State v. Terry

Annotate this Case

61 So. 2d 888 (1952)

221 La. 1109

STATE v. TERRY.

No. 40933.

Supreme Court of Louisiana.

November 10, 1952.

*889 J. Bennett Johnston, Shreveport, for appellant.

Fred S. LeBlanc, Atty. Gen., M. E. Culligan, Asst. Atty. Gen., Edwin L. Blewer, Dist. Atty., and John A. Richardson, Asst. Dist. Atty., Shreveport, for appellee.

LE BLANC, Justice.

The defendant appeals from a conviction by a jury and sentence in the district court under which he was committed to the State Penitentiary for a period of ten years.

He was charged by an information filed by the District Attorney with having, on March 15, 1952, "attempted to murder Rufus Elmer Cooley." He reserved certain bills of exception to rulings in the court below on which he bases his appeal and seeks a reversal of his conviction.

Defendant had summoned a number of witnesses by whom he intended to adduce evidence of the injured person's dangerous character. To the testimony sought to be elicited from each of ten of them who were called to the witness stand, counsel for the State objected on the ground that the proper foundation for the introduction of such testimony had not been laid in that there had been no proof of a hostile demonstration or an overt act by the injured person. The district judge sustained the objection in each instance and in each, a bill was reserved. Another bill, the eleventh, was taken upon the refusal of the trial judge to sustain a motion for a new trial. The same issue is involved as in the other ten so the whole matter really resolves itself into the one proposition which concerns the discretion of the trial judge in matters of this kind.

The judge's ruling, as he states in his per curiam, was based on Article 482 of the Code of Criminal Procedure, LSA-R.S. 15:482, which provides that:

"In the absence of proof of hostile demonstration or of overt act on the part of the person slain or injured, evidence of his dangerous character or of his threats against accused is not admissible."

This article places the matter directly within the discretion and the judgment of the trial judge. He is the one who determines whether there is sufficient proof, or an absence of proof of a hostile demonstration or overt act and passes on the admission of testimony relating to the dangerous character of the person concerned. The decisions of this court are very numerous and very positive on this point, one of the latest being State v. Basco, 216 La. 365, 43 So. 2d 761, 763 in which this statement appears:

"Whether or not an overt act has been proven is a question to be decided by the court and the court can disregard any testimony that it deems unworthy of belief. State v. Washington, 184 La. 544, 166 So. 669. The trial judge has a wide discretion in deciding whether an overt act has been committed. State v. Scott, 198 La. 162, 3 So. 2d 545."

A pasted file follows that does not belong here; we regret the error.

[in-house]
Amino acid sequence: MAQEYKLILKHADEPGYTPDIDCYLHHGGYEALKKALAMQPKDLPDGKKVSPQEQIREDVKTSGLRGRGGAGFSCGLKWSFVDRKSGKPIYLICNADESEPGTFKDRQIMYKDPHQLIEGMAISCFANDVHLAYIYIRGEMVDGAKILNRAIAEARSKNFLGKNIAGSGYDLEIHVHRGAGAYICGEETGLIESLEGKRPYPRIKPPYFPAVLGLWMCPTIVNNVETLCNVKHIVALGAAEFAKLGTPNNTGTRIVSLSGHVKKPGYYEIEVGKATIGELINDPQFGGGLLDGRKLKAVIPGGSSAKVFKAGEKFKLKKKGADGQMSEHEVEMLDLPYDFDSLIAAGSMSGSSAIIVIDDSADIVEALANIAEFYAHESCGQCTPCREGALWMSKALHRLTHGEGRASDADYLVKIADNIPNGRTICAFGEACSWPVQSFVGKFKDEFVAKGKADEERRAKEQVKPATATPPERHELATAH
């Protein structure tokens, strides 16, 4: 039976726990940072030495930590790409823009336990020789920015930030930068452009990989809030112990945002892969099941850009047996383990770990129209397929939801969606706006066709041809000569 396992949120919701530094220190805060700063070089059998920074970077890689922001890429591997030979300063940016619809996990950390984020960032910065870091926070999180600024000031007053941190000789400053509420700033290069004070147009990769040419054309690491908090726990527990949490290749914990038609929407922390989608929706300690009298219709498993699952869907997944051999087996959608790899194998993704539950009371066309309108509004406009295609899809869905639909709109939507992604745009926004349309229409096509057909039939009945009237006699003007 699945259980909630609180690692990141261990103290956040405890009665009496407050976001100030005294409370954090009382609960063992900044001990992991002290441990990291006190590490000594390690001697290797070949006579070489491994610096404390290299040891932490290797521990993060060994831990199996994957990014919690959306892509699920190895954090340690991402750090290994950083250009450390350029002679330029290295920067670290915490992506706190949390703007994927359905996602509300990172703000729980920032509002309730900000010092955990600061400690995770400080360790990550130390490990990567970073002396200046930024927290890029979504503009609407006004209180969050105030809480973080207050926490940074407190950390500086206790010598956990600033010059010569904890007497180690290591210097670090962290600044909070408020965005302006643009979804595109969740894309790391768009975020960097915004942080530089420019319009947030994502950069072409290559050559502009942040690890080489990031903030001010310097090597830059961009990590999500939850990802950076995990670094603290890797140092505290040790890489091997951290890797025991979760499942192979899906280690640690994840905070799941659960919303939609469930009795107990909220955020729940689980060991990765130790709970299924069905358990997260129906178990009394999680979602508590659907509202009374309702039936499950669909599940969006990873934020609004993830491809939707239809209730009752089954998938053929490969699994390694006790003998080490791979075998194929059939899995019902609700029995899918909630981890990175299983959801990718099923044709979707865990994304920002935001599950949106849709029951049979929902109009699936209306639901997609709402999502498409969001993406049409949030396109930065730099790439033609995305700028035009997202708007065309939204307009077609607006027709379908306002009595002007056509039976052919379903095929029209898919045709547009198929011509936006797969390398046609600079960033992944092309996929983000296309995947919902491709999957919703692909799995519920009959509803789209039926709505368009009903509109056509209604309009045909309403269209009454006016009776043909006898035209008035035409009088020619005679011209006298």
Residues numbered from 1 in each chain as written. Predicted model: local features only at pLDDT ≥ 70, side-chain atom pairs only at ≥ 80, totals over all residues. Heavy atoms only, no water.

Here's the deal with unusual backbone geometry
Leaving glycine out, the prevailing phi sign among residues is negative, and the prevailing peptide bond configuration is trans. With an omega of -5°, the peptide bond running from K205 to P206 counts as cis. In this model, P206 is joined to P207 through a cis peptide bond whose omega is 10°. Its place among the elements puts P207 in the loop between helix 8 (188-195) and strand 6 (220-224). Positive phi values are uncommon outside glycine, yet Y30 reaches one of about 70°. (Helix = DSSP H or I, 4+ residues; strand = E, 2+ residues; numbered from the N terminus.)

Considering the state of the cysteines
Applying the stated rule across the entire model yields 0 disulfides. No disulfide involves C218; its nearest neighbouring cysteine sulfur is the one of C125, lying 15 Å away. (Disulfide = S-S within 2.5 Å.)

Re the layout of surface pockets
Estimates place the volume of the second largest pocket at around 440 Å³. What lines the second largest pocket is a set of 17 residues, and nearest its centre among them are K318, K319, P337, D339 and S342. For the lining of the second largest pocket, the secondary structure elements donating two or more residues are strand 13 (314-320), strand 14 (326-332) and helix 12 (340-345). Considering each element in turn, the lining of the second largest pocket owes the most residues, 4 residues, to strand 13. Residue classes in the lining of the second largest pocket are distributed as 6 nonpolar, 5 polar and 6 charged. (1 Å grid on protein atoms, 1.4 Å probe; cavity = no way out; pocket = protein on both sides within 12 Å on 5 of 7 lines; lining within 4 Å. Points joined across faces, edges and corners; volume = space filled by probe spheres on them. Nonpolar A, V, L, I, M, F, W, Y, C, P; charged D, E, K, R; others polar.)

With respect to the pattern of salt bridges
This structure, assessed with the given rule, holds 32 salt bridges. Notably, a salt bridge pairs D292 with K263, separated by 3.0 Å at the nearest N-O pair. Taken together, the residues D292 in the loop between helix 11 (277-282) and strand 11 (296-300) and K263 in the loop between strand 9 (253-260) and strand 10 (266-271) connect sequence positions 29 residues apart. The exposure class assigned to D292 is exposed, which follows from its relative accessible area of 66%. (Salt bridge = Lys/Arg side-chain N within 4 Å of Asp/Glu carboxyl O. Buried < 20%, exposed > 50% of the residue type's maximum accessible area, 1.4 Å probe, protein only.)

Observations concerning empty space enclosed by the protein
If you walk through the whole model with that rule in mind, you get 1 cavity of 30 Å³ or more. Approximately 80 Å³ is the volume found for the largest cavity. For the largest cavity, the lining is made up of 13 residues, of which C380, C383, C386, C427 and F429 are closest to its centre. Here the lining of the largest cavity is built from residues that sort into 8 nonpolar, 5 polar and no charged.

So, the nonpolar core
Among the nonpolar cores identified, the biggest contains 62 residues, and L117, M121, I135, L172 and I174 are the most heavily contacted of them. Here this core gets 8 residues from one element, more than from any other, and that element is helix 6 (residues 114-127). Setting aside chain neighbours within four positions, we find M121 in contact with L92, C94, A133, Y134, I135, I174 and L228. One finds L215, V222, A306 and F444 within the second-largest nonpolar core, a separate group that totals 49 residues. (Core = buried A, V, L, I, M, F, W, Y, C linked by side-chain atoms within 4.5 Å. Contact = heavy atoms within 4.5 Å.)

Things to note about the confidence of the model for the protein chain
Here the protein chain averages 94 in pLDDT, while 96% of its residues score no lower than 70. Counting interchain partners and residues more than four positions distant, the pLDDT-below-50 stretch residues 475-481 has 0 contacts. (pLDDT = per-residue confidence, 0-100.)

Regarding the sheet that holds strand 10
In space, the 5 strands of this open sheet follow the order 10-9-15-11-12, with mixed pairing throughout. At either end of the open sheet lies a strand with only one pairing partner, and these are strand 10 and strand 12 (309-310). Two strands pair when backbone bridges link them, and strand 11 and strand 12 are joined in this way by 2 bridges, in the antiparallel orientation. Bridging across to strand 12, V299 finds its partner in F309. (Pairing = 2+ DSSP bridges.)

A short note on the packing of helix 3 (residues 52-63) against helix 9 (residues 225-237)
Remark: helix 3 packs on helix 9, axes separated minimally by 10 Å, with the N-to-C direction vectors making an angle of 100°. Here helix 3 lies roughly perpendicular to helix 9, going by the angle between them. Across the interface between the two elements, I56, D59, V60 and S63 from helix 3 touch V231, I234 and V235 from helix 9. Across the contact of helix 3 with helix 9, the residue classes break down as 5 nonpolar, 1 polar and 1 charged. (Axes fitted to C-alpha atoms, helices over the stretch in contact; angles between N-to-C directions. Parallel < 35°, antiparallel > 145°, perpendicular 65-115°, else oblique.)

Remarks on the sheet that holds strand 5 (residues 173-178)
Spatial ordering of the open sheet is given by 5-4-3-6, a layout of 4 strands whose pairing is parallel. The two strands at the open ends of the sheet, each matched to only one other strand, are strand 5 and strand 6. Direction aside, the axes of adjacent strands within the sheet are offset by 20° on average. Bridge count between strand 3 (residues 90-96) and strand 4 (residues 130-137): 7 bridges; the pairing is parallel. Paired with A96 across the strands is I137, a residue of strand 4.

In the still more recent case of State v. Tobias, 218 La. 226, 48 So. 2d 905, after quoting the article of the Criminal Code, the court stated:

"And, in the interpretation of the provision, this court has held that proof of such overt act or hostile demonstration must be made to the satisfaction of the trial judge, who is vested with wide discretion in the matter, before the accused *890 may introduce any evidence of prior altercations with or the dangerous character of his adversary. State v. Scarbrock, 176 La. 48, 145 So. 264; State v. Boudreaux, 185 La. 434, 169 So. 459; State v. Scott, 198 La. 162, 3 So. 2d 545; State v. Malmay, 209 La. 476, 24 So. 2d 869."

Counsel for defendant concedes, as he must, the force of all these decisions and seems to realize their impact on the jurisprudence of this State on the question involved. Nevertheless, he maintains that the ruling of the district judge and the use he made of the discretion granted to him, are matters that are reviewable on appeal, and, he urges, this is the type of case in which the ruling should be reviewed.

Counsel is correct in stating that the matter is reviewable. That was held in what is perhaps the latest case on the subject: State v. Sears, 220 La. 103, 55 So. 2d 881, 886 wherein the court stated:

"It is, of course, true that the ruling of the judge on the question of whether a proper foundation has been laid to permit evidence of hostile demonstration or prior threats is reviewable by this court. State v. Brown, 172 La. 121, 133 So. 383; State v. Maines, 183 La. 499, 164 So. 321 and cases there cited. But it is also established that this court will not reverse the ruling of the judge on this question of fact in the absence of manifest error (State v. Cox, 218 La. 277, 49 So.2d 12) which we do not find to be present in the case at bar."

In the present case the trial judge, in his per curiam, detailed the evidence which shows that the only witnesses who testified concerning an overt act on the part of the injured person were the accused and his wife. Unfortunately for the accused, the judge did not believe his testimony nor that of his wife and he gave good and sufficient reasons, in our opinion, why he did not. That, of course, left the case bare of any proof of hostile demonstration or overt act and his subsequent ruling by which evidence of the dangerous character of the injured party was excluded, was correct. Certainly no manifest error appears.

As we stated before, Bill No. 11 presents the very same issue on which we have just concluded and therefore it needs no further consideration.

For the reasons stated the conviction and sentence are affirmed.